Posey's Tips & Tricks

Microsoft To Add Planning Capabilities to Office 365

Office 365 Planner looks to ease the complications of project management.

Sometimes it feels as though every time I blink, Microsoft is adding something new to Office 365. That's not exactly a bad thing for companies that are looking to get a lot of bang for the bucks that they invested in Microsoft Office 365, but sometimes the pace of innovation can be almost overwhelming. Recently for example, Microsoft announced Office 365 Planner, an online collaboration tool for Office 365 customers.

Office 365 Planner differs from the other collaboration tools that exist in Office 365 in that it is geared toward project management. Microsoft has not yet released Office 365 Planner, but it has provided enough information to allow IT pros to get a good feel for some of its features and capabilities.

The one thing that really struck me about Office 365 Planner is that it seems to have been designed to provide project management capabilities for the masses. Let me explain what I mean by that.  

Although I'm sure that some of you already know this, project management is more involved than simply delegating tasks to team members, project management can actually be ridiculously complicated. There are entire certification programs for those who aspire to do project management.

Given this information, it should really come as no surprise that some of the project management applications on the market come with a really steep learning curve. Microsoft however, seems as though they are trying to keep things relatively simple for those who do not do project management for a living. It remains to be seen whether or not Office 365 Planner will be robust enough to take on some of the more advanced aspects of project management. But based on early reviews it seems that Microsoft has done a good job of making Office 365 Planner intuitive enough that the average user should be able to use it to coordinate simple projects.

Anything could potentially change by the time that Microsoft makes Office 365 Planner available, but for right now Microsoft has indicated that they will be using a concept called Boards and Cards.

Boards represent individual projects. In any large organization there are always multiple projects being worked on simultaneously. Therefore, each board is essentially a project workspace. It has been said that the concept of a board came from organizations that use whiteboards to organize projects.

The concept of a card is a bit more abstract. If a board is an object, then a card is an attribute of that object. Realistically, a card can be almost anything that is related to a project. In many cases, a card will represent a task, although it could also represent project related resources.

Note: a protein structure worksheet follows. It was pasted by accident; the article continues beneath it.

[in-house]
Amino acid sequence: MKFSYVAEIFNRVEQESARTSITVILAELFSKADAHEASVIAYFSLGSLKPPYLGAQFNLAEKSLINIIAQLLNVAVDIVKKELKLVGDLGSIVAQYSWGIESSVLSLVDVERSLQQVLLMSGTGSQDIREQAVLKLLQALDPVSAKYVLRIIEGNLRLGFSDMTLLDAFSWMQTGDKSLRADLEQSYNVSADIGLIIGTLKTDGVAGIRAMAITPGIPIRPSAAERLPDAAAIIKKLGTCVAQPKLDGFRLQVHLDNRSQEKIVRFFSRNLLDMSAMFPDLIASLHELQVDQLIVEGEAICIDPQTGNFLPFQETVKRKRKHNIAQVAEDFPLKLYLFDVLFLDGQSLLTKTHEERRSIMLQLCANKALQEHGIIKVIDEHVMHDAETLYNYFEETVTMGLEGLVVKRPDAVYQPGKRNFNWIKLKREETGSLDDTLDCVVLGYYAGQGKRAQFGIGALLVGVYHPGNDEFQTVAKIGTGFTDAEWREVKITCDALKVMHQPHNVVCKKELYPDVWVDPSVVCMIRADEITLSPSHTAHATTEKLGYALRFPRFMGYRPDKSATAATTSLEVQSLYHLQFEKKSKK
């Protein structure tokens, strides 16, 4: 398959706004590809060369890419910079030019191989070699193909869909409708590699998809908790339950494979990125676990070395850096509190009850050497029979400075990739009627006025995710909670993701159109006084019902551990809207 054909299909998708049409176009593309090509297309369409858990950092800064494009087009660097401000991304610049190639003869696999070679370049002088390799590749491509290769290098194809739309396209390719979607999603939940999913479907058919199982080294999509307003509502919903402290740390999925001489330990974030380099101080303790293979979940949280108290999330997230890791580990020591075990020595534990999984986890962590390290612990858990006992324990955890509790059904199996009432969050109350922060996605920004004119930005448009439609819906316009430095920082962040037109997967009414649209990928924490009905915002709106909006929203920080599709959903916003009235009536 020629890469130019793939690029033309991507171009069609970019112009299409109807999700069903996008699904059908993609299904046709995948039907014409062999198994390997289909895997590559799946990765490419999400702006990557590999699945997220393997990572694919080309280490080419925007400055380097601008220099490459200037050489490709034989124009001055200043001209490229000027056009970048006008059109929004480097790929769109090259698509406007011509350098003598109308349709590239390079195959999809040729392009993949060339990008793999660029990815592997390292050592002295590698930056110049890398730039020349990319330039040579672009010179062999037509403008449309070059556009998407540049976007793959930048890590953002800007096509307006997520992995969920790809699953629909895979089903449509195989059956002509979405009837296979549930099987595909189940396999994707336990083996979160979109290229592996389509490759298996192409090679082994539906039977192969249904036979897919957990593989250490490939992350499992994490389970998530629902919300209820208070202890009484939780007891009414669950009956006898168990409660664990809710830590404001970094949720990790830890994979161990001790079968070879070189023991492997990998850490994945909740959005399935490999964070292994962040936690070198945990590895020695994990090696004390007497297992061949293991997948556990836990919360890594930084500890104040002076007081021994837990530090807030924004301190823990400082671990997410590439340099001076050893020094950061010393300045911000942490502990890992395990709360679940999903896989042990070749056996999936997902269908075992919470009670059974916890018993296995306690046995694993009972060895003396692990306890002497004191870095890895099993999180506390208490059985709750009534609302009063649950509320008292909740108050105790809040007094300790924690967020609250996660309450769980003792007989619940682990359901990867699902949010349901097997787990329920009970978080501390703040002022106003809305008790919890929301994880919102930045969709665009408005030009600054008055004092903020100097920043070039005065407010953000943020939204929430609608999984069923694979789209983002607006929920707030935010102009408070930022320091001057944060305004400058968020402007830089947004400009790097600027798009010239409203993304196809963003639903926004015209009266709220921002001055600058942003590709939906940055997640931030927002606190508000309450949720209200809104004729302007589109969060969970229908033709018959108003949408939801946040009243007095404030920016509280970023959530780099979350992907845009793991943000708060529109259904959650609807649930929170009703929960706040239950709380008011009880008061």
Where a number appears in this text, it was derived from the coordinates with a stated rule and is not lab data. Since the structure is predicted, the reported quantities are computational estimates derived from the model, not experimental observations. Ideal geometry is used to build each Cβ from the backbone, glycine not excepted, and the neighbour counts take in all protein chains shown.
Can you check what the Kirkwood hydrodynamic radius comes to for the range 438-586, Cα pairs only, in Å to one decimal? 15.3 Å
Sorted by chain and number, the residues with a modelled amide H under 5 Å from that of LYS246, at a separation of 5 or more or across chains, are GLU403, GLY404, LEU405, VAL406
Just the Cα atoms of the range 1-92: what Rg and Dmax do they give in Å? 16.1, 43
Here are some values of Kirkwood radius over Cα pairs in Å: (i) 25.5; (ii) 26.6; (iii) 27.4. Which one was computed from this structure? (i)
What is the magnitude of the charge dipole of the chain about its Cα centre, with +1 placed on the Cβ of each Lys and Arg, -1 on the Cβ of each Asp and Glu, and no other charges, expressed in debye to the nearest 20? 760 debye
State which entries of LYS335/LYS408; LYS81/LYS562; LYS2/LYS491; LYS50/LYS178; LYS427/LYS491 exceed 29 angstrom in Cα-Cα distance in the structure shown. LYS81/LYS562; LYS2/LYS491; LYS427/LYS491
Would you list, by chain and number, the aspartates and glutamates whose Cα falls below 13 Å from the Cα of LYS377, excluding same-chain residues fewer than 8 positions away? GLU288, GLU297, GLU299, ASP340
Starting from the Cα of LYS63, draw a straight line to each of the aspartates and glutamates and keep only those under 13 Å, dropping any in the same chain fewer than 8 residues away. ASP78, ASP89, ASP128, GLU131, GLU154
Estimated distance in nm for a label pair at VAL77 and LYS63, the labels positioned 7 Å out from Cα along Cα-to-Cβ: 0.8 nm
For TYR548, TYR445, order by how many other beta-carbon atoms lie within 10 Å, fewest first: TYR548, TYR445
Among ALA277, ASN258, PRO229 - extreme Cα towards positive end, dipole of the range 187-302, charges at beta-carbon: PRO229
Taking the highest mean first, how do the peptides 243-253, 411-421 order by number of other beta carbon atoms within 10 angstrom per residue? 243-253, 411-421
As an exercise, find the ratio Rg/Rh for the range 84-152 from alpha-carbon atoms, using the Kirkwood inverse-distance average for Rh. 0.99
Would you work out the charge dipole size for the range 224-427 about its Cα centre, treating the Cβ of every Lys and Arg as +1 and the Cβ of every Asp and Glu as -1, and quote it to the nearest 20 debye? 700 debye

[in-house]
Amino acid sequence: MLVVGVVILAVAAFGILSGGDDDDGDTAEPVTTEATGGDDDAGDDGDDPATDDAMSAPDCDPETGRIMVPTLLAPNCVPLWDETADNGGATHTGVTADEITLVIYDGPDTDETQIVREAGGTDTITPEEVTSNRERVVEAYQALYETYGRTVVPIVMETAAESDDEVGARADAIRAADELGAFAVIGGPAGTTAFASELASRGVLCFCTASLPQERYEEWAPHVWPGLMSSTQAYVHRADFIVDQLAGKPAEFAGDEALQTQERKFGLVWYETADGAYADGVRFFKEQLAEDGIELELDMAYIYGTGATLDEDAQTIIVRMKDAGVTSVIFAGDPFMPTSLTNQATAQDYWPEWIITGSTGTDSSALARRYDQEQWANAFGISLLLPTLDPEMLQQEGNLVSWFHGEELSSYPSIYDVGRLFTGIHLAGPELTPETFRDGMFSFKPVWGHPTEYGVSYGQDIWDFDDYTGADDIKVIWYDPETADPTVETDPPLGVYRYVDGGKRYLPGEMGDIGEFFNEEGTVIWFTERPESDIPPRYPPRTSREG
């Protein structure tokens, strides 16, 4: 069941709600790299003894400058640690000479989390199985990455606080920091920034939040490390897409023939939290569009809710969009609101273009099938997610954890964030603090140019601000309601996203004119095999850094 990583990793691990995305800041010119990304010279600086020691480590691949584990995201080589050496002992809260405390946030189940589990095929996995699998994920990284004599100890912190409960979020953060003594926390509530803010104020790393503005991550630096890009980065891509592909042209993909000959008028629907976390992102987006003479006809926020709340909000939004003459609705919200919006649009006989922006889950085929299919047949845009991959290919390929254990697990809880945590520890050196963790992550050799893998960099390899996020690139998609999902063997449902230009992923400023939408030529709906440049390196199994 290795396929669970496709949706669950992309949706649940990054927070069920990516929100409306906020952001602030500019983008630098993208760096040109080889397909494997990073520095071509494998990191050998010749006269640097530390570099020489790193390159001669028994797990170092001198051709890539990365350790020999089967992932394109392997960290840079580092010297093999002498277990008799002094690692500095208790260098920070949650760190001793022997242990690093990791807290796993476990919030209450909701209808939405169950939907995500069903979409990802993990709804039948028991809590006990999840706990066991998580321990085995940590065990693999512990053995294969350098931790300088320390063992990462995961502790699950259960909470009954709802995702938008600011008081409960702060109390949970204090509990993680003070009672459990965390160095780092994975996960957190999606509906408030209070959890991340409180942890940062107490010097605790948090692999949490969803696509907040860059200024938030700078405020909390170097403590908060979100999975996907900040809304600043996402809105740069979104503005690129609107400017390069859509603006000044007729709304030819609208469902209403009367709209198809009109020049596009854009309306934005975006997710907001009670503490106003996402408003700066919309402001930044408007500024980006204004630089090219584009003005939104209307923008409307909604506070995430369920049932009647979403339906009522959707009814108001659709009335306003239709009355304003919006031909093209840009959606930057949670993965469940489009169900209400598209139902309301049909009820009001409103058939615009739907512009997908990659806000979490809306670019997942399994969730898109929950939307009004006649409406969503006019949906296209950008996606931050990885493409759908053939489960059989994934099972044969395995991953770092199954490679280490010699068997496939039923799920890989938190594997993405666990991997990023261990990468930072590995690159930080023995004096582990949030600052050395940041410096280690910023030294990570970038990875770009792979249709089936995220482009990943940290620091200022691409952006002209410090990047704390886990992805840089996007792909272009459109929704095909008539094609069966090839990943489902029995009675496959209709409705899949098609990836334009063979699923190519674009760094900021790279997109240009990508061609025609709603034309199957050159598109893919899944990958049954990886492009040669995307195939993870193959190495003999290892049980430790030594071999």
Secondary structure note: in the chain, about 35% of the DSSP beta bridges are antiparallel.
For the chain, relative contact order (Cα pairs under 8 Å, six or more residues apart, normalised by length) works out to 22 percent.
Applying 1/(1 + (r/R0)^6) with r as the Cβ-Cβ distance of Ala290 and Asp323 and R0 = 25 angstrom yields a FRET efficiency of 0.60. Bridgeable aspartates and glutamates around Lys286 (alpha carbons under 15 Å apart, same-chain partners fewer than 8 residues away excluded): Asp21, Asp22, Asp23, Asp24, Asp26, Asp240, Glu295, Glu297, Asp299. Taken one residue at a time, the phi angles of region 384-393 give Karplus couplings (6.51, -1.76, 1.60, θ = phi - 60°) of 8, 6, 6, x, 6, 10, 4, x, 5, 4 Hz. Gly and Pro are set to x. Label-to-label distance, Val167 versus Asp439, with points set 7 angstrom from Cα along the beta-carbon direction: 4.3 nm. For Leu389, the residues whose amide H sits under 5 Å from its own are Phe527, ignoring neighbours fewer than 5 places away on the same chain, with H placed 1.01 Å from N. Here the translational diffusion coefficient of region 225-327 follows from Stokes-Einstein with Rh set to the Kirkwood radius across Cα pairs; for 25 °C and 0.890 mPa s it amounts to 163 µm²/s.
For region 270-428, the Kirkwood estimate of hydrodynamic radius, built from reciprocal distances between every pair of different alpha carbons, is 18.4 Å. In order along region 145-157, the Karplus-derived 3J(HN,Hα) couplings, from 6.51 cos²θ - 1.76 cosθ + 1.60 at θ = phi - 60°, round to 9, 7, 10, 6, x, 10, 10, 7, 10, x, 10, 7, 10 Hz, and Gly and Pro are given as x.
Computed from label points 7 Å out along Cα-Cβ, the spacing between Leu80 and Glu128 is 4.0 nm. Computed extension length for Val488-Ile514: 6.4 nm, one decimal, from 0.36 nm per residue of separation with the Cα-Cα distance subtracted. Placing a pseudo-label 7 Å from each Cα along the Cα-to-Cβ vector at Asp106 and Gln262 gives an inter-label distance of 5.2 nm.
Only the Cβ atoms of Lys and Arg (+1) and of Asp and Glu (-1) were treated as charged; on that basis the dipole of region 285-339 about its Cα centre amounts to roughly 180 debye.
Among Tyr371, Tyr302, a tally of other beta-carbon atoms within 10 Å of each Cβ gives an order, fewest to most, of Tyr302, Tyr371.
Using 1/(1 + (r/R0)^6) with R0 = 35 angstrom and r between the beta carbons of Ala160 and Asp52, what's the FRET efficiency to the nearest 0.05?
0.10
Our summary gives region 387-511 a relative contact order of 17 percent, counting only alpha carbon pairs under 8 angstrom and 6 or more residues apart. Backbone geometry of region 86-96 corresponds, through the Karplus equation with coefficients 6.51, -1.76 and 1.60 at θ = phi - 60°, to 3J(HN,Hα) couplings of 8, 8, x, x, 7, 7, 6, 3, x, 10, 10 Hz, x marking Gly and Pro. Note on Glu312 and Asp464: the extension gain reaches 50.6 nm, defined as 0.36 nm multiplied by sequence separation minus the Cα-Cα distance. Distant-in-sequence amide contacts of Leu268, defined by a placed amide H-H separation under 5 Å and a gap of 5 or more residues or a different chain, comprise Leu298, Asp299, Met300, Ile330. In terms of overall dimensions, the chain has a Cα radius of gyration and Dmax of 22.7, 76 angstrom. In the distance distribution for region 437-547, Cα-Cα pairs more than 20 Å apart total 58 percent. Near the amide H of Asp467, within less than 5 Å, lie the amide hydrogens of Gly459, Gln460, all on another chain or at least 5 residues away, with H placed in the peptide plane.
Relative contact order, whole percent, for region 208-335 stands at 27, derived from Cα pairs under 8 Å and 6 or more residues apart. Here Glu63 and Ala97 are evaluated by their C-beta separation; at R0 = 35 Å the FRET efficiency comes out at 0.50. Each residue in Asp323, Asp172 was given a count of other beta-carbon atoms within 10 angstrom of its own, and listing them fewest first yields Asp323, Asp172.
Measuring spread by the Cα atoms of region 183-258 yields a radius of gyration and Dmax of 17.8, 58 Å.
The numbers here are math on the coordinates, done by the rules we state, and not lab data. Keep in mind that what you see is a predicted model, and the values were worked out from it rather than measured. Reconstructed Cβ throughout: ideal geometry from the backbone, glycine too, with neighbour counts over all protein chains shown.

In the real world, there are certain attributes associated with tasks. For example, a task consists of a description of what needs to be done, who the task is assigned to, and when the task needs to be completed. These same attributes can be assigned to cards (there are a number of other attributes that are also available). It is even going to be possible to attach documents to cards.

Admittedly, some organizations that do not want to fully delve into hard core project management use Microsoft OneNote to keep track of projects. Interestingly enough, each plan has a corresponding OneNote notebook that can be used to collaborate on projects.

Of course this raises the question of whether Office 365 Planner offers any advantages beyond just using OneNote for project collaboration. There actually are a couple of advantages.

For starters, because Office 365 Planner is integrated into Office 365, it means that it will presumably be tied into things like Yammer and Exchange online. This integration lays the ground work for project related discussions, e-mail notifications, etc.

The other advantage provided by Office 365 Planner (besides having been specifically designed for project management) is that Office 365 Planner will feature a dashboard view called Hub View. Hub View will allow those who are involved in a project to monitor the project's progress through a series of charts and graphics.

As of right now, Office 365 Planner has not yet been released and there is a limited amount of information available regarding its features and capabilities. Even so, the screen captures and the various details that have been released so far make it apparent that Office 365 Planner is going to be very helpful to those who are tasked with managing a project.

About the Author

Brien Posey is a 16-time Microsoft MVP with decades of IT experience. As a freelance writer, Posey has written thousands of articles and contributed to several dozen books on a wide variety of IT topics. Prior to going freelance, Posey was a CIO for a national chain of hospitals and health care facilities. He has also served as a network administrator for some of the country's largest insurance companies and for the Department of Defense at Fort Knox. In addition to his continued work in IT, Posey has spent the last several years actively training as a commercial scientist-astronaut candidate in preparation to fly on a mission to study polar mesospheric clouds from space. You can follow his spaceflight training on his Web site.


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